University of Pittsburgh
January 26, 2004

Pitt Law School to Mark 50th Anniversary of Brown v. Board of Education Decision at One-Day Symposium Feb. 6

Pitt alumnus Derrick Bell gives keynote address at luncheon held in his honor
Contact:  412-624-4147

EDITORS: Derrick Bell, Richard Delgado, and Jean Stefancic will be available to the media at 2:15 p.m. Feb. 6 in the William Pitt Union (WPU) Kurtzman Room to answer questions following the 12:30 p.m. luncheon in the WPU Ballroom. Members of the media also are invited to the luncheon; those wishing to attend must call Suzanne Leroy at 412-648-1401 by Jan 30. Those wishing only to attend Bell's lecture following lunch should arrive in the WPU Ballroom by 1 p.m.

PITTSBURGH—"Give me your tired, your poor, your huddled masses yearning to breathe free…" reads a line from the Emma Lazarus poem, "The New Colossus," on the base of the Statue of Liberty. When the statue was erected in 1883, however, that message was not meant for African Americans, who had to fight for their right to be included.

The University of Pittsburgh School of Law will commemorate the 50th anniversary of the U.S. Supreme Court Brown v. Board of Education decision, an historic event in African Americans' fight for inclusion, with a 9 a.m. to 6 p.m. Feb. 6 symposium. The one-day event at the Barco Law Building's Teplitz Memorial Courtroom, 3900 Forbes Ave., Oakland, will feature nationally acclaimed experts on race relations.

David Herring, Pitt School of Law dean, will open the symposium with a welcoming address. Derrick A. Bell, visiting professor of law at New York University School of Law and a 1957 graduate of Pitt's law school, will deliver the keynote speech, "Silent Covenant: Brown v. Board of Education and the Unfulfilled Hopes for Racial Reform," at a 12:30 p.m. William Pitt Union luncheon honoring Bell that is for conference attendees only. Bell is known for resigning from his tenured faculty position at Harvard University to protest a lack of minority women faculty members.

Symposium participants will investigate the May 17, 1954, U.S. Supreme Court decision, which proclaimed, "separate educational facilities are inherently unequal." The ruling dismantled the legal basis for segregation in more than 20 states across the nation. Although the decision did not instantly end school segregation, it did destroy the constitutional foundation on which it rested, changing race relations in the United States and opening the way for future gains by African Americans and other minorities.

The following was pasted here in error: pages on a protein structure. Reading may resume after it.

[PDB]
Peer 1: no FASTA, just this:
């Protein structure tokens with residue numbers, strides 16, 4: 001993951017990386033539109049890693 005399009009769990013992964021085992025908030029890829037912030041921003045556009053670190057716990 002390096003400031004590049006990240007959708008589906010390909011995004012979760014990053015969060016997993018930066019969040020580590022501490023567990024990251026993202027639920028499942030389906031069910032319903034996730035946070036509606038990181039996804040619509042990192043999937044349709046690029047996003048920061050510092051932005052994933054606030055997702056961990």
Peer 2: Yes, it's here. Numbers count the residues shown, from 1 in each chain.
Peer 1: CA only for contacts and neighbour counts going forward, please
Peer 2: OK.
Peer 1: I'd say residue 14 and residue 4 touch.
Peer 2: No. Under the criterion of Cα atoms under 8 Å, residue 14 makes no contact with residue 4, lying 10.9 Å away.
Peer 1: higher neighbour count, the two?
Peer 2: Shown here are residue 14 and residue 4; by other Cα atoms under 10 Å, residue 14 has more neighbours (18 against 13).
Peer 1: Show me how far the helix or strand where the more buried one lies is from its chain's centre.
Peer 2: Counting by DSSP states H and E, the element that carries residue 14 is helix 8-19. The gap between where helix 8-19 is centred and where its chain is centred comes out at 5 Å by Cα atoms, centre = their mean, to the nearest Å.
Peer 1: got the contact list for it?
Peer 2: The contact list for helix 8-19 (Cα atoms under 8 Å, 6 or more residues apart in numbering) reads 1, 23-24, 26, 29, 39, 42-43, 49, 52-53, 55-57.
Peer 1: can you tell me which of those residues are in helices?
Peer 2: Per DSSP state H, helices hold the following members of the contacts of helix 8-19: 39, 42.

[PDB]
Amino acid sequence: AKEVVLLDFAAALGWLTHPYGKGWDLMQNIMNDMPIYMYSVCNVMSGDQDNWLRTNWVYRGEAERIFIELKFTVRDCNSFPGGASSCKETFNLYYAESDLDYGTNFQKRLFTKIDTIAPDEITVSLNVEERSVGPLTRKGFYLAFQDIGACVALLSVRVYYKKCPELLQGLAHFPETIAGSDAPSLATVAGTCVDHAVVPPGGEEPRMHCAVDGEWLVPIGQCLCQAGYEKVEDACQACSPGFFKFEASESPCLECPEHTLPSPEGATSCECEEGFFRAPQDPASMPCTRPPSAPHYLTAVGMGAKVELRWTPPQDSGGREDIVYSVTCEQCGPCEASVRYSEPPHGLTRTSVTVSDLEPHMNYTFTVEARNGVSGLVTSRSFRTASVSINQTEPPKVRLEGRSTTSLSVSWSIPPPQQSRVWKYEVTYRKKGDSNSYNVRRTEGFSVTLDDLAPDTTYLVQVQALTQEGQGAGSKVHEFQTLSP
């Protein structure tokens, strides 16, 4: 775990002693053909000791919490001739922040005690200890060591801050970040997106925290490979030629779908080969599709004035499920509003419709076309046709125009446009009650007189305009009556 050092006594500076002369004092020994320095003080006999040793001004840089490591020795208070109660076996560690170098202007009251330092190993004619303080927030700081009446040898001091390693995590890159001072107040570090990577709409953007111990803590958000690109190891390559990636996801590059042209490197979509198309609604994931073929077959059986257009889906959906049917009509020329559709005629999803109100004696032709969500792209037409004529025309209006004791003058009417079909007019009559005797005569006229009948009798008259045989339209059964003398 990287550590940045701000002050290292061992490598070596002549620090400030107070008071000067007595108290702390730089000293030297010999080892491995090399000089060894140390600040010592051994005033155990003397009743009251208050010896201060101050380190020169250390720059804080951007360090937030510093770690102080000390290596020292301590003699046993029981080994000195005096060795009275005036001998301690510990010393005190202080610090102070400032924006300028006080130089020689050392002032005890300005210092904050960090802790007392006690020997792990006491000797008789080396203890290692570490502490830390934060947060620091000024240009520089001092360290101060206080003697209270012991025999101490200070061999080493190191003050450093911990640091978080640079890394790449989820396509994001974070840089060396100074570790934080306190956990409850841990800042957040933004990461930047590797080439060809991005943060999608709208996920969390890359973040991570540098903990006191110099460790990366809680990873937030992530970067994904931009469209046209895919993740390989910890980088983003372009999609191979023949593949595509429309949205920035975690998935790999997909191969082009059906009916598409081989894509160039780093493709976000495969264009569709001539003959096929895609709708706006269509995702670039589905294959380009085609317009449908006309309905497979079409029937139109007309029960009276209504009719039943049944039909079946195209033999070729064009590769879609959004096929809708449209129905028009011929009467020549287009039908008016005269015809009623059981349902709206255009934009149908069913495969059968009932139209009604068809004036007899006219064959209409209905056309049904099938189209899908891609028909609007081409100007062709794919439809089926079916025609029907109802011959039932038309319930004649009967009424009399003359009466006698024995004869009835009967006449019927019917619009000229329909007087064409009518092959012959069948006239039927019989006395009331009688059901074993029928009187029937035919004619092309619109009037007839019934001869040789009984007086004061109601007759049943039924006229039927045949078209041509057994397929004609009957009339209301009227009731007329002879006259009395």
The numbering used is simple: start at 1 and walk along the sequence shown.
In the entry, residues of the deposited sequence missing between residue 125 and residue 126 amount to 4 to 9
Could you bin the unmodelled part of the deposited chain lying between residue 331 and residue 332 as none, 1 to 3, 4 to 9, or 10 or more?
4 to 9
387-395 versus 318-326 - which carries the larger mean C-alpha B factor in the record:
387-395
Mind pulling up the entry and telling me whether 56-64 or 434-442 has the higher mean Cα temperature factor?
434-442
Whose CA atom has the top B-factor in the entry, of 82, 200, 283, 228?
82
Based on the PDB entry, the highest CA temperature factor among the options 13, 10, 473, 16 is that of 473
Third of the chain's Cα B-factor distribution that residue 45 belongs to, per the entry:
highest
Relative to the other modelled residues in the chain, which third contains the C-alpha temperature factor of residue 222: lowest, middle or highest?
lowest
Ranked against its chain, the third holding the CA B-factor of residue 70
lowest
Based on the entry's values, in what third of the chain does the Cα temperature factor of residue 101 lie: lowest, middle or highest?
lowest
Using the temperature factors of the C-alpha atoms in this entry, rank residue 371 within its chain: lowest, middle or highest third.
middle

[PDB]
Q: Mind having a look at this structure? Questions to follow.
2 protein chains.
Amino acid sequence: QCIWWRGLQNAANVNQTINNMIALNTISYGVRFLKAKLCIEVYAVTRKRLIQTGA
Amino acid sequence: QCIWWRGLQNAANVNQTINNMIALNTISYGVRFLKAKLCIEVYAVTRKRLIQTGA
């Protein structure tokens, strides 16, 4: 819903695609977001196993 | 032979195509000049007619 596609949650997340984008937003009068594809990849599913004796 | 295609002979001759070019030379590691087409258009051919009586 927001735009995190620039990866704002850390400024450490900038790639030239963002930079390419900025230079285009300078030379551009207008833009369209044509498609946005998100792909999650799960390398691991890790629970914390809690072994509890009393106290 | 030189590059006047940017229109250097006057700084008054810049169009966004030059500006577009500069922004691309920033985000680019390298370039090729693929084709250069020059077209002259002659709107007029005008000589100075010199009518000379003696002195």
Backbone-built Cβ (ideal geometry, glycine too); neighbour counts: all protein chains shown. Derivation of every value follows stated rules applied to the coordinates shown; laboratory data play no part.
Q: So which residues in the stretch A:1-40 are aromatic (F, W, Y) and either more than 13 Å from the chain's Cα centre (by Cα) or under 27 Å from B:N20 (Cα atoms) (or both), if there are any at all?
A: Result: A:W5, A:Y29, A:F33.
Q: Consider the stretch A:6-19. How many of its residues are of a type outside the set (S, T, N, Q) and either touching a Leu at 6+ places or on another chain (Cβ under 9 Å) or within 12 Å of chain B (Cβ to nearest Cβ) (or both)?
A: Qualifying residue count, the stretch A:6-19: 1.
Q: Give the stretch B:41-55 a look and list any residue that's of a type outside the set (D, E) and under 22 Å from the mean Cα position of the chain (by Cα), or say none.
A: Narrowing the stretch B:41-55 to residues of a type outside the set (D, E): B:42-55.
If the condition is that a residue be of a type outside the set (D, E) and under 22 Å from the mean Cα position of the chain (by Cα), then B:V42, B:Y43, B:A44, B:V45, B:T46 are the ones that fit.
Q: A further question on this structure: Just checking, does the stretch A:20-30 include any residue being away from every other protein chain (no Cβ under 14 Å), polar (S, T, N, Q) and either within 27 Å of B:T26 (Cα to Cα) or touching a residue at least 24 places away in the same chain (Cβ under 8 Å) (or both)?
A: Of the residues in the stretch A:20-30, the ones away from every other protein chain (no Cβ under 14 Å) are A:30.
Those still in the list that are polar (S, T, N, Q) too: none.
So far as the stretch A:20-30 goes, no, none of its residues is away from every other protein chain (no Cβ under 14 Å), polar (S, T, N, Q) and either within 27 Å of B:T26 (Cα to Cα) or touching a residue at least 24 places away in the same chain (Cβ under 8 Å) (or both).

During three separate panel presentations leading scholars in legal history and race theory will discuss the Supreme Court decision and the ways race consciousness has changed over the past half century. The presentations and times are: Critical Perspectives on Brown, from 9:10 to 10:40 a.m.; Social Perspectives on Brown, from 10:50 a.m. to 12:20 p.m.; and Brown and Beyond, from 2:30 to 4 p.m. The day concludes with a reception from 4:15 to 6 p.m.

Symposium panelists and moderators are Anthony Cook, professor of law at Georgetown University and a Baptist minister; Robert Cottrol, Harold Paul Green Research Professor of Law and a professor of history and sociology at George Washington University; Larry Davis, School of Social Work dean, Donald M. Henderson Professor, and director of the Center on Race and Social Problems , all at Pitt; Richard Delgado, Derrick A. Bell Fellow and a professor of law at Pitt; Joe Feagin, graduate research professor at the University of Florida; Paul Finkelman, Chapman Distinguished Professor of Law at the University of Tulsa; Tanya Hernandez, professor of law and the Justice Frederick W. Hall Scholar at Rutgers University; Rachel Moran, Robert D. and Leslie-Kay Raven Professor of Law at the University of California, Berkeley; Thomas Ross, Pitt professor of law; Janet Ward Schofield, Pitt professor of psychology and a senior scientist at the University's Learning Research and Development Center; Jean Stefancic, Derrick A. Bell Scholar and a professor of law at Pitt; and Lu-in Wang, Pitt professor of law.

For more information, contact Pitt Professor Robert Berkley Harper at 412-648-1353 or harper@law.pitt.edu.

This program has been approved by the Pennsylvania Continuing Legal Education Board for six hours of substantive CLE credits for a $30 fee, payable at the door. For more information, contact Jui Joshi at 412-648-1305.

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